In this post, I explain why you would want to crate train your dog and why you might not want to.
In today’s post, I’m walking you through the steps for how to crate train your dog if you choose to do so.
Crate training is teaching your dog to feel comfortable spending time in their crate on their own. This can be with the door shut and latched or with the door open. when latched, the door keeps your dog inside the crate until you let them out. The value of this is so you can leave the house and know your dog is safe.
Keeping the crate door open allows your dog to use their crate like a bedroom. They can go there when they need a nap, a break from family activity or to feel safe in an unfamiliar setting if you travel with your dog. In either case, you teach your dog how to love their crate the same way.
This article doesn’t cover crating in combination with potty training a puppy as that’s a lesson for another day. Today, these are the steps you will take to ensure your dog loves rather than fears their crate. You can use these same steps with a puppy and add in the steps for potty training.
As with all positive training, you want crate training to be a fun experience for your dog. That’s why we don’t just shove dogs in crates, close the door and consider ourselves done. I – and I’m guessing you as well – wouldn’t like that to happen to me and dogs don’t either. It’s scary and will create a negative association in your dogs mind with being crated. Like all the other human developed gadgets for making it possible for dogs to live alongside us (leashes, harnesses, gates, doggy doors, etc.), dogs aren’t born knowing how to use these things. You get to teach your dog how the crate works and how to use it.
I say “get to” instead of “have to” because teaching your dog things is a great way to connect and build trust in your relationship. It’s one of the most wonderful parts of being a dog parent.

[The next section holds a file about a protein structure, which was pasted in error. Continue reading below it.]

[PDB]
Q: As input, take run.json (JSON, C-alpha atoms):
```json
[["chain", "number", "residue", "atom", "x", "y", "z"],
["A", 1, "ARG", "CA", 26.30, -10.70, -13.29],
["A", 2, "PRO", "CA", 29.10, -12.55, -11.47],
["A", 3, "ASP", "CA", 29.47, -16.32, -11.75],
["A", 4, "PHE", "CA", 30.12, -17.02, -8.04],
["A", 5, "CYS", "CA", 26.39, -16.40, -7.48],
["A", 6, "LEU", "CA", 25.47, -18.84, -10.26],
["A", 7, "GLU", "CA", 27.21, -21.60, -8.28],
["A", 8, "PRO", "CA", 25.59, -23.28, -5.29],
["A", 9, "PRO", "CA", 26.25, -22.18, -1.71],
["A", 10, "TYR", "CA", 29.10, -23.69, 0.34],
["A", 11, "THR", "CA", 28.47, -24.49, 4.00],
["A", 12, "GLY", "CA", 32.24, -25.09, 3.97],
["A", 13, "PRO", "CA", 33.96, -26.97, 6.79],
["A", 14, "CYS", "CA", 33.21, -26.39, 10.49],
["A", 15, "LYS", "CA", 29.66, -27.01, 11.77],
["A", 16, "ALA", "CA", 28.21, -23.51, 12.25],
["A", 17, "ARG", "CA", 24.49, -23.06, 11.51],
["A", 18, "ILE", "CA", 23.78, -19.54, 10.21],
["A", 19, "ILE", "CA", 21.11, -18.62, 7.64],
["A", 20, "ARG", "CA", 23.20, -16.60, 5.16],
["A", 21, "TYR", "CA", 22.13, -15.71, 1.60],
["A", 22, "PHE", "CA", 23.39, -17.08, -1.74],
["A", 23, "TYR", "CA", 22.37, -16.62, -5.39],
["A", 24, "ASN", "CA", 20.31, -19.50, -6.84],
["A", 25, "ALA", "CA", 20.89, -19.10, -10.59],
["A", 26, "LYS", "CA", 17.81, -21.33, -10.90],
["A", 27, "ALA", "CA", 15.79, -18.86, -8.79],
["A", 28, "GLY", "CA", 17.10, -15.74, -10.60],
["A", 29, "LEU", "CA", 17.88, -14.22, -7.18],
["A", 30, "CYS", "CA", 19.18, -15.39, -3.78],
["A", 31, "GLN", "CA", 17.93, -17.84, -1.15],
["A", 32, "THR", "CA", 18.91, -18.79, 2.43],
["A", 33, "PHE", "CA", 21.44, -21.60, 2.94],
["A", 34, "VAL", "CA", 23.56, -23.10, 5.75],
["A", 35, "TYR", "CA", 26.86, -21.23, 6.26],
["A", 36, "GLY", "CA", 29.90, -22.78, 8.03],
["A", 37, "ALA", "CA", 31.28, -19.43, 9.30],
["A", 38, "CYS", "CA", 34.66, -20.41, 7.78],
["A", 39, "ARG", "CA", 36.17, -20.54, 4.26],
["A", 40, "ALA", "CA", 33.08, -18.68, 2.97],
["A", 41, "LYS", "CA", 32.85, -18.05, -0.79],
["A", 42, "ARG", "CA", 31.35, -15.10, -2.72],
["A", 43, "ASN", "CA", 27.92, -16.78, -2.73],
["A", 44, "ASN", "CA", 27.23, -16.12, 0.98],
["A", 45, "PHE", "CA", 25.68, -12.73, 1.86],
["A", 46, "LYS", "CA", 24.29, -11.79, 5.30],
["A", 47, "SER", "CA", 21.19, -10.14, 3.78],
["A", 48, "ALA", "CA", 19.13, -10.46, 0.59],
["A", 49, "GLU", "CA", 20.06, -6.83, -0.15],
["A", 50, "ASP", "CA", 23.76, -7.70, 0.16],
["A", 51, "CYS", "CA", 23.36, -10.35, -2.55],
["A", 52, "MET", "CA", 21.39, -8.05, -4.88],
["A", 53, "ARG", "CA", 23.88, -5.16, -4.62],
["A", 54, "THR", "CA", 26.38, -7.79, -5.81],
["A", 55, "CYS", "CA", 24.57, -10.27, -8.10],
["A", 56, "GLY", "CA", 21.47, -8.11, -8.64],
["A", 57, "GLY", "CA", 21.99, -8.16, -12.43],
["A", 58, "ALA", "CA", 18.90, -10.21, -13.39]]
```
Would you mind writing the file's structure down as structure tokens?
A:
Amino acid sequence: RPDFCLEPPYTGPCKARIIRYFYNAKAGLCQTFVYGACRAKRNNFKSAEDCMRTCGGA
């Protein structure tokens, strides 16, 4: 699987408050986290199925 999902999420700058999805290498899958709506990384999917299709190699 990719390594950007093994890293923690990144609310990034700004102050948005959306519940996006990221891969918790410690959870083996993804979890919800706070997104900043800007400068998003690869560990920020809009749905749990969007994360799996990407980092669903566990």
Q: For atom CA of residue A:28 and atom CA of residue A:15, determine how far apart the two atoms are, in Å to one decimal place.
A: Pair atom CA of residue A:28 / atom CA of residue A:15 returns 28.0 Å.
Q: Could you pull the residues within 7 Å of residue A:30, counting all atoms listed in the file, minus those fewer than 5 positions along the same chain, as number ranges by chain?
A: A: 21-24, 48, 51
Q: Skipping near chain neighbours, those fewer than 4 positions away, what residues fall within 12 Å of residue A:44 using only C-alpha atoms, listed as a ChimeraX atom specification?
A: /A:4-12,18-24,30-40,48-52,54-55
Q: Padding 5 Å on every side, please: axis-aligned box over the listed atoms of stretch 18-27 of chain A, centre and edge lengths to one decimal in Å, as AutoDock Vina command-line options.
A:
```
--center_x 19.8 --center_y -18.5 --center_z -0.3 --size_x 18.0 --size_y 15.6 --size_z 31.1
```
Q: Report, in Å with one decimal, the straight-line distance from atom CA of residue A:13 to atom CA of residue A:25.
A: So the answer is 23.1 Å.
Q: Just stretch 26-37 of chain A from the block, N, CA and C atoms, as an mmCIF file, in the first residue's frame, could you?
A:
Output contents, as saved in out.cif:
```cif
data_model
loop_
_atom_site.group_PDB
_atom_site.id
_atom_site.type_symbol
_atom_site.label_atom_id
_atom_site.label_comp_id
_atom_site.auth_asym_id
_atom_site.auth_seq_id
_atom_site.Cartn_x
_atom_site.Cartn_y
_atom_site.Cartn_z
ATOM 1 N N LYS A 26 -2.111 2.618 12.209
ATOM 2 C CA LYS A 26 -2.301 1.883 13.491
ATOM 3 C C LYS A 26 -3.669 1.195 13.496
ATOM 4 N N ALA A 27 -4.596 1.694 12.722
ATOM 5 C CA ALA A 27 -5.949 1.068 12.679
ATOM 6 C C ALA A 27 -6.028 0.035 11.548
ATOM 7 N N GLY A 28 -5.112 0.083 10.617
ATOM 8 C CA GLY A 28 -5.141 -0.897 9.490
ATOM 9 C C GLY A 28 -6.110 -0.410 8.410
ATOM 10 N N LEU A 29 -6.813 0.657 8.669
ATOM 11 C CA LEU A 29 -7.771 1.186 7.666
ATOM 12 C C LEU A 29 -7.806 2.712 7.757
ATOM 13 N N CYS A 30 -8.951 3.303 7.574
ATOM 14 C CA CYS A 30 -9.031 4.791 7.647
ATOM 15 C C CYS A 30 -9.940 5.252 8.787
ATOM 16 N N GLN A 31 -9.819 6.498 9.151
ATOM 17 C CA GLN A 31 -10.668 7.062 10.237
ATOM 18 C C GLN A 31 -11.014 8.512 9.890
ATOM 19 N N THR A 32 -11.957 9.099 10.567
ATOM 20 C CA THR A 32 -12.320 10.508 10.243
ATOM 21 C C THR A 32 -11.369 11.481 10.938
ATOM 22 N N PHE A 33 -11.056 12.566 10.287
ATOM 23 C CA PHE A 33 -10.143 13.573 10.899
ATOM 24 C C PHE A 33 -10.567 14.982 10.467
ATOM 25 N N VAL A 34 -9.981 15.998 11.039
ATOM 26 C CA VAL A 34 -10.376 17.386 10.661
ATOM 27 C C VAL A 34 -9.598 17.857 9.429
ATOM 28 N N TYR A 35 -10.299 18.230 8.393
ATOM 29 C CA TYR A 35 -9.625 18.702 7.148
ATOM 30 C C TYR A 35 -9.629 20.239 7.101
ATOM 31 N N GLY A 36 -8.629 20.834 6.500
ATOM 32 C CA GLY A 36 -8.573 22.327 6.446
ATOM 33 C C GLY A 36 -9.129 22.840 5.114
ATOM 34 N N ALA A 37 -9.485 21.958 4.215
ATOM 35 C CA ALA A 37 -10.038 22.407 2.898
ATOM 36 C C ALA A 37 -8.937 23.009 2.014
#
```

So, here are the steps to teach your dog how to happily use a crate:
- Make sure you get the correct size crate. You want your dog to be able to stand up, turn around and rest comfortably but not so big that your dog can take some steps which will encourage using one end as a bathroom. If you’ve never used a crate before, you may feel like it’s too small but think of it like this. You sleep, watch TV and maybe have snacks in your bed with plenty of room but you wouldn’t want to live in a room that same size. The crate is like your dog’s cozy bed that they sleep and chill out in.
- Make sure the crate is a great place to be. Put a cozy bed and blanket in there. Add toys and treats. Choose a location that’s comfortable for your dog (not too hot/cold, not too isolated/public, etc.) based on your dog’s personality and preferences.
- Once it’s all set up, encourage (never force) your dog to enter the crate by tossing in a couple of treats in or making a line of treats starting outside and leading inside the crate. Don’t worry if your dog just runs in, eats the treats and runs out. That’s just part of the process. You want your dog to know they can go in and get back out. You can encourage longer stays by asking your dog to lay down and giving them a longer lasting treat such as a filled Kong or other chew toy. Be patient (and my clients reading this will hear my Boston accent in their ear saying, “Dog training is 50% patience.” As tempting as it can be to rush things, resist that urge!
- Once your dog is happy hanging out for a while in their crate (which can take days, weeks or however long it takes), you can move on to the next step which is to shut the crate door and latch it for a few seconds and then open it up again. I recommend latching the crate even though you are only closing it for a few seconds because you want your dog to get used to the sound of the latch. Gradually lengthen the time that the door is closed and latched based on your dog’s comfort level, working up to being able to leave your dog in the crate for up to a few (overnight if your dog will be sleeping in their crate moving forward).
- Once you are able to have your dog in the crate for about an hour at a time, start leaving the room for just a few seconds at a time working up to several hours. Go slow and “act casual” so your dog doesn’t think anything of it. Eventually, you’ll be able to leave your dog happily crated happily entertaining themselves while you go out to a movie or restaurant.
If, at any point, your dog seems stressed out by the process it’s likely you are moving too fast. Slow down and go back to the previous step. Slow and steady wins the race here. This should be fun for your dog. Don’t worry if it takes a few months to reach the level you want, you have many years ahead of you together and taking the time now to move slowly with this will pay big dividends in the long run.
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